While I'm looking at the new smartwatches, I notice that a pulse sensor is missing. Wrist based sensors are simply not precise enough, explains Biver. I have already heard the same reasoning at the Zurich-based medtech start-up Biovotion. They're measuring on the upper arm instead.
Nevertheless, the discussion always reminds me of the first mobile phone cameras. Even though they weren't as good as a compact camera, they still prevailed. Apart from medical measurements, a pulse sensor on the wrist could well have its place for sleep tracking, occasional fittness activities or the identification of the wearer.
It is thus high time to visit the new production line. After all, the calendar of the TAG-Heuer boss is full only a few days before the launch of the new watch and so close to Basel World the most important watch trade show. The new production facility is actually only a few steps away from the boss's office. Behind the glass windows from the hallway, I can already see the workers in their black lab coats .
But before you can enter the room, you have to pass through a sluice and put on a lab coat. Intel has taught us that we have to be particularly careful when dealing with Smartwatches, Biver explains. That's why the ceiling and floor are specially insulated, and that's why the lab coats are needed.
The new watches are assembled, sealed and tested in the production line itself. It is important to know that the production of such a Smartwatch is no less complex than that of a mechanical watch. First the case is manufactured in a special factory of TAG Heuer, then they go to Intel. This is where the electronics are put in place. Finally, the case with the screen set in are sent to La Chaux-de-Fonds, where the watch is assembled.
At one point of the production line, for example, the bezel is pressed onto the case. Another workplace is used to do Wifi and Bluetooth settings.
Finally the watches are being tested. Several smartphones of different brands are used for this purpose. This setup looks similar to start-ups and companies that want to optimize their apps for different mobile phones. All these steps, I am told, is are steps that Intel did for the first version of the Connected Watch and which can now be done for the first time in La Chaux-de-Fonds.
Although the weekend is rapidly approaching, work is still in progress. Whether it's the presence of a journalist or the imminent start of sales, I do not know. In any case, it is noticeable that not all the workplaces are occupied and that there are several workstations in the rear half of the room that are not even fully equipped. A manager explains that they would only be used for a special inspection if they were not satisfied with a watch.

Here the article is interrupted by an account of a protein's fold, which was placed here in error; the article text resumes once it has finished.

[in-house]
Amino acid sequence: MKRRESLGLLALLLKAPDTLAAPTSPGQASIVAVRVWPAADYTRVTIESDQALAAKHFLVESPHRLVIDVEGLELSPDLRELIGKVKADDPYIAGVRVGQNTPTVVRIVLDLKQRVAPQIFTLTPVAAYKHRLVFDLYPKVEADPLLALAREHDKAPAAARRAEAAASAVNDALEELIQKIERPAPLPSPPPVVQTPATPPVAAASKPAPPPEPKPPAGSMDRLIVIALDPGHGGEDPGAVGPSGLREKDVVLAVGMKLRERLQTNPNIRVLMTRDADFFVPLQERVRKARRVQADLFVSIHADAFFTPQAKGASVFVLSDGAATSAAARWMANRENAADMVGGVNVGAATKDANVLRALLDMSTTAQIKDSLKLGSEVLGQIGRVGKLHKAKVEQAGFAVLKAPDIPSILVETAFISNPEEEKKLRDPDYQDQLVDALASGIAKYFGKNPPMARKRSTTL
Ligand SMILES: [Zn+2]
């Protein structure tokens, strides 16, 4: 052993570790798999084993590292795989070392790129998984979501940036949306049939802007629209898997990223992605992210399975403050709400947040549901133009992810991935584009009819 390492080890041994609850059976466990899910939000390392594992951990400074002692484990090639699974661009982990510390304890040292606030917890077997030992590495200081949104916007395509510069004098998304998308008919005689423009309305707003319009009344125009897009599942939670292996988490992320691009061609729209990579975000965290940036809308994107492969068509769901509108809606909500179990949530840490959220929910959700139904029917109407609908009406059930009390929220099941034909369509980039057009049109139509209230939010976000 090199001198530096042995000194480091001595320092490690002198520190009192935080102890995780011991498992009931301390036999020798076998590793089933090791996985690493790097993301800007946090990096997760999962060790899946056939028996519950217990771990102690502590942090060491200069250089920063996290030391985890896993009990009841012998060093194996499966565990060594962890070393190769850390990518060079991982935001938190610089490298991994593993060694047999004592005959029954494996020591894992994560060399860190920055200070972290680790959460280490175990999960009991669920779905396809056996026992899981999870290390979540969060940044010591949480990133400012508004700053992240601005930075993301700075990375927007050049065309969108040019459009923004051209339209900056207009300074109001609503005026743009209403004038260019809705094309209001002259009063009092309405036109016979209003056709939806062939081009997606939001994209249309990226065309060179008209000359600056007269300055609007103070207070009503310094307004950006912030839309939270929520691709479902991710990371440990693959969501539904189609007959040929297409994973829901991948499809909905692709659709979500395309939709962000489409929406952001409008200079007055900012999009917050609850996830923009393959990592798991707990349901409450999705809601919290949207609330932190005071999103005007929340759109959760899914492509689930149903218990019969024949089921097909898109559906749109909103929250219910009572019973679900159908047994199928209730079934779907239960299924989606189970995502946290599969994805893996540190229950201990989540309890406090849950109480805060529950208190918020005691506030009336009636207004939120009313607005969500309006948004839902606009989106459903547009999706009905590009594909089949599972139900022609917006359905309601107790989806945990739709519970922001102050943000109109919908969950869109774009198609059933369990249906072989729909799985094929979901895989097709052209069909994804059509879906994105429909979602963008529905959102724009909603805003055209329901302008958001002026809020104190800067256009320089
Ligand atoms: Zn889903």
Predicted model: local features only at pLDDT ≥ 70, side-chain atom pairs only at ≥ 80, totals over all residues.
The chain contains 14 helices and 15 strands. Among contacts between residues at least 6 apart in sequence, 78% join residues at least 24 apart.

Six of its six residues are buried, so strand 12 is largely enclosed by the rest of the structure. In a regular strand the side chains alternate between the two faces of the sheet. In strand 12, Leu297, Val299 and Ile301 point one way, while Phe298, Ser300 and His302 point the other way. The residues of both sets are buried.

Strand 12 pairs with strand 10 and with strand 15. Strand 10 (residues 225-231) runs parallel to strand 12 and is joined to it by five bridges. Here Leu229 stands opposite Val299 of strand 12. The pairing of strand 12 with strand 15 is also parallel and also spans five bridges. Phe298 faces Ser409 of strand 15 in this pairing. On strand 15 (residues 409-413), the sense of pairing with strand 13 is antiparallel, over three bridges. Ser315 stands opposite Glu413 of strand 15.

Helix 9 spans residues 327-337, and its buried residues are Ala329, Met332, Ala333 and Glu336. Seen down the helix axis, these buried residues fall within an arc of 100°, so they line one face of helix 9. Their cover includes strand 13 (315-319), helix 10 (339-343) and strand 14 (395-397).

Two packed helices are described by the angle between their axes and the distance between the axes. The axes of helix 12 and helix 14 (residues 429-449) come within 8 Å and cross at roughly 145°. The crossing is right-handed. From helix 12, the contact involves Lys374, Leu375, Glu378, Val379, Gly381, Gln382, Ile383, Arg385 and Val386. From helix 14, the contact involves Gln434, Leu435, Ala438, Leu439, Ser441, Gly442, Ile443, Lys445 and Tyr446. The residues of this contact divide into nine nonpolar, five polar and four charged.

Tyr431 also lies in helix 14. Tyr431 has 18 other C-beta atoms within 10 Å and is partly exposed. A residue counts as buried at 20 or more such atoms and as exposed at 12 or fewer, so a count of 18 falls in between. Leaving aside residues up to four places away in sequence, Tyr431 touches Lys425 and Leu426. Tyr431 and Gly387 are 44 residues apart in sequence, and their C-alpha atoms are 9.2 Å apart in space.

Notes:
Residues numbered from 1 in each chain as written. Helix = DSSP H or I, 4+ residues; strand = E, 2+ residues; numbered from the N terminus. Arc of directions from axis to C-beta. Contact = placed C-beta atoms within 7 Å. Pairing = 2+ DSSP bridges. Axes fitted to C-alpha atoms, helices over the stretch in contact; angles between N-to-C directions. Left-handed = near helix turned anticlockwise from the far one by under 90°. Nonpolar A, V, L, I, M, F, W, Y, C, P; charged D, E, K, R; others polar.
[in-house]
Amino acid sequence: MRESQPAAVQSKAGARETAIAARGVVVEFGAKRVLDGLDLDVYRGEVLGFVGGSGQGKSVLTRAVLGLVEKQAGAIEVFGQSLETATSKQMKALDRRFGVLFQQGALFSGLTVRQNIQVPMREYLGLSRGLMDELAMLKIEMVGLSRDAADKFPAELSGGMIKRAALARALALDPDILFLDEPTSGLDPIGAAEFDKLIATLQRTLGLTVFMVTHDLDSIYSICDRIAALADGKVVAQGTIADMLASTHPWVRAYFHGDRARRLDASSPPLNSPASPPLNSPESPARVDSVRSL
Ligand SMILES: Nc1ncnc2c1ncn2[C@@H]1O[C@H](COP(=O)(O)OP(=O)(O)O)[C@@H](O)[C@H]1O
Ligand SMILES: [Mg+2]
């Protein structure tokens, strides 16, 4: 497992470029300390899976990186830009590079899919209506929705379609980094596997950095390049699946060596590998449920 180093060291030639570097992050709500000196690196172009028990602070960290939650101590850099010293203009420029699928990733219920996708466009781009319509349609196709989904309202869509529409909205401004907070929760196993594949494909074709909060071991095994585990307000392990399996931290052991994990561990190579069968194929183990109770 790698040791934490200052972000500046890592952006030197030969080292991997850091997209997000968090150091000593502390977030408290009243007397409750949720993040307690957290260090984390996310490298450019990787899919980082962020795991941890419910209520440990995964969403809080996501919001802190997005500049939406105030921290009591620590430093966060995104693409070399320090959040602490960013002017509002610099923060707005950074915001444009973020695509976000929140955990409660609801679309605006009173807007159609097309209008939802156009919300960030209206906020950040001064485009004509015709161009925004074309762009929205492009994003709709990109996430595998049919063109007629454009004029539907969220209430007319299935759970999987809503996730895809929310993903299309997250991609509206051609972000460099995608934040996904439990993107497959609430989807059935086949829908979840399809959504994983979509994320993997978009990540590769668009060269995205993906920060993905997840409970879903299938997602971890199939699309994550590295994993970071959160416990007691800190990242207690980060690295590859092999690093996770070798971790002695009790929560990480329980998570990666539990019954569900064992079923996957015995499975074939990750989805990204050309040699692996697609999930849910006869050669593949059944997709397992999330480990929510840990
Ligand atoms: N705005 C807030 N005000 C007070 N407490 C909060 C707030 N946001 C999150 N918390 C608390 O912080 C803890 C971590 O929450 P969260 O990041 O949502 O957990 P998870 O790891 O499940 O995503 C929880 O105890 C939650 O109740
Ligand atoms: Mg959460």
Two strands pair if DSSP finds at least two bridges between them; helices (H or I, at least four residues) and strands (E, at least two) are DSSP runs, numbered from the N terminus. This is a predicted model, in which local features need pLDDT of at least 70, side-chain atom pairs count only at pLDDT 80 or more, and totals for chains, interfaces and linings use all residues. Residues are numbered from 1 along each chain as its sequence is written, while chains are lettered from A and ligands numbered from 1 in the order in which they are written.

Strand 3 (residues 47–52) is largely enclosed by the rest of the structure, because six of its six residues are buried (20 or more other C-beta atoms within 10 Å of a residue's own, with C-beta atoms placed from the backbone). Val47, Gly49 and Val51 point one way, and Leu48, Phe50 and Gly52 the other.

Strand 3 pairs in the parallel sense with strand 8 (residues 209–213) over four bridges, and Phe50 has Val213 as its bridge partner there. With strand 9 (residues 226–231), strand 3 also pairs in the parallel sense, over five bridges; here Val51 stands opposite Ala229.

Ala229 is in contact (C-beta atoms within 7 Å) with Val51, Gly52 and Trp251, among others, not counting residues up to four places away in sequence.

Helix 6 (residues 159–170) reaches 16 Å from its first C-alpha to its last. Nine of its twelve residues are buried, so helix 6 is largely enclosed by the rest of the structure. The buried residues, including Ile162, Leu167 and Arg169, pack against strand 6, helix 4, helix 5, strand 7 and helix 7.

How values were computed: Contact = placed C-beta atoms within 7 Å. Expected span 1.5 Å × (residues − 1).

If the new watch will be a success, TAG Heuer is sure to make good use of the additional workstations. Jean-Claude Biver tells me that he has already created 50 new jobs with the new production line. By the end of the year, he hopes, it will be 100.
But how much practical benefit can be gained from doing building a smartwatch in your own factory, and how much of it is due to marketing? Remember: Jean-Claude Biver is a marketing genius. Thanks to him, James Bond now wears an Omega.
On the one hand, thanks to its own production line, it is easier to talk to people, and processes are faster, explains Biver. But of course, it now also allows him to write "Swiss made" on the new watch. Whether the label of origin has a similar effect on Smartwatches as it does on mechanical watches, however, remains to be seen.
If TAG Heuer could assemble and install the electronics itself in the near future without the help of Intel, this would surely be even more spectacular. But it is already a clear sign that TAG Heuer is not only experimenting with the new technology, but is also relying on it. And so TAG Heuer has succeeded in doing something that rarely or never happens in Silicon Valley. While the companies there have their products built and assembled in China, TAG Heuer does it locally. And so the Uhrental differs from the Silicon Valley. Here, the clever minds not only invent and design, they also do the manufacturing themselves.
On the way home I encounter a last parallel to Silicon Valley. The bus driver kindly tells me that I got on the wrong bus. It's the bus for the Cartier employees. If I don't want to go to the factory, I have to wait for the next bus. Like in San Francisco, there are company buses here. And
As my bus back to the train station passes the famous watch factories, I wonder which experiments the other Swiss watch companies are doing behind closed doors and if they will ever see the light of day.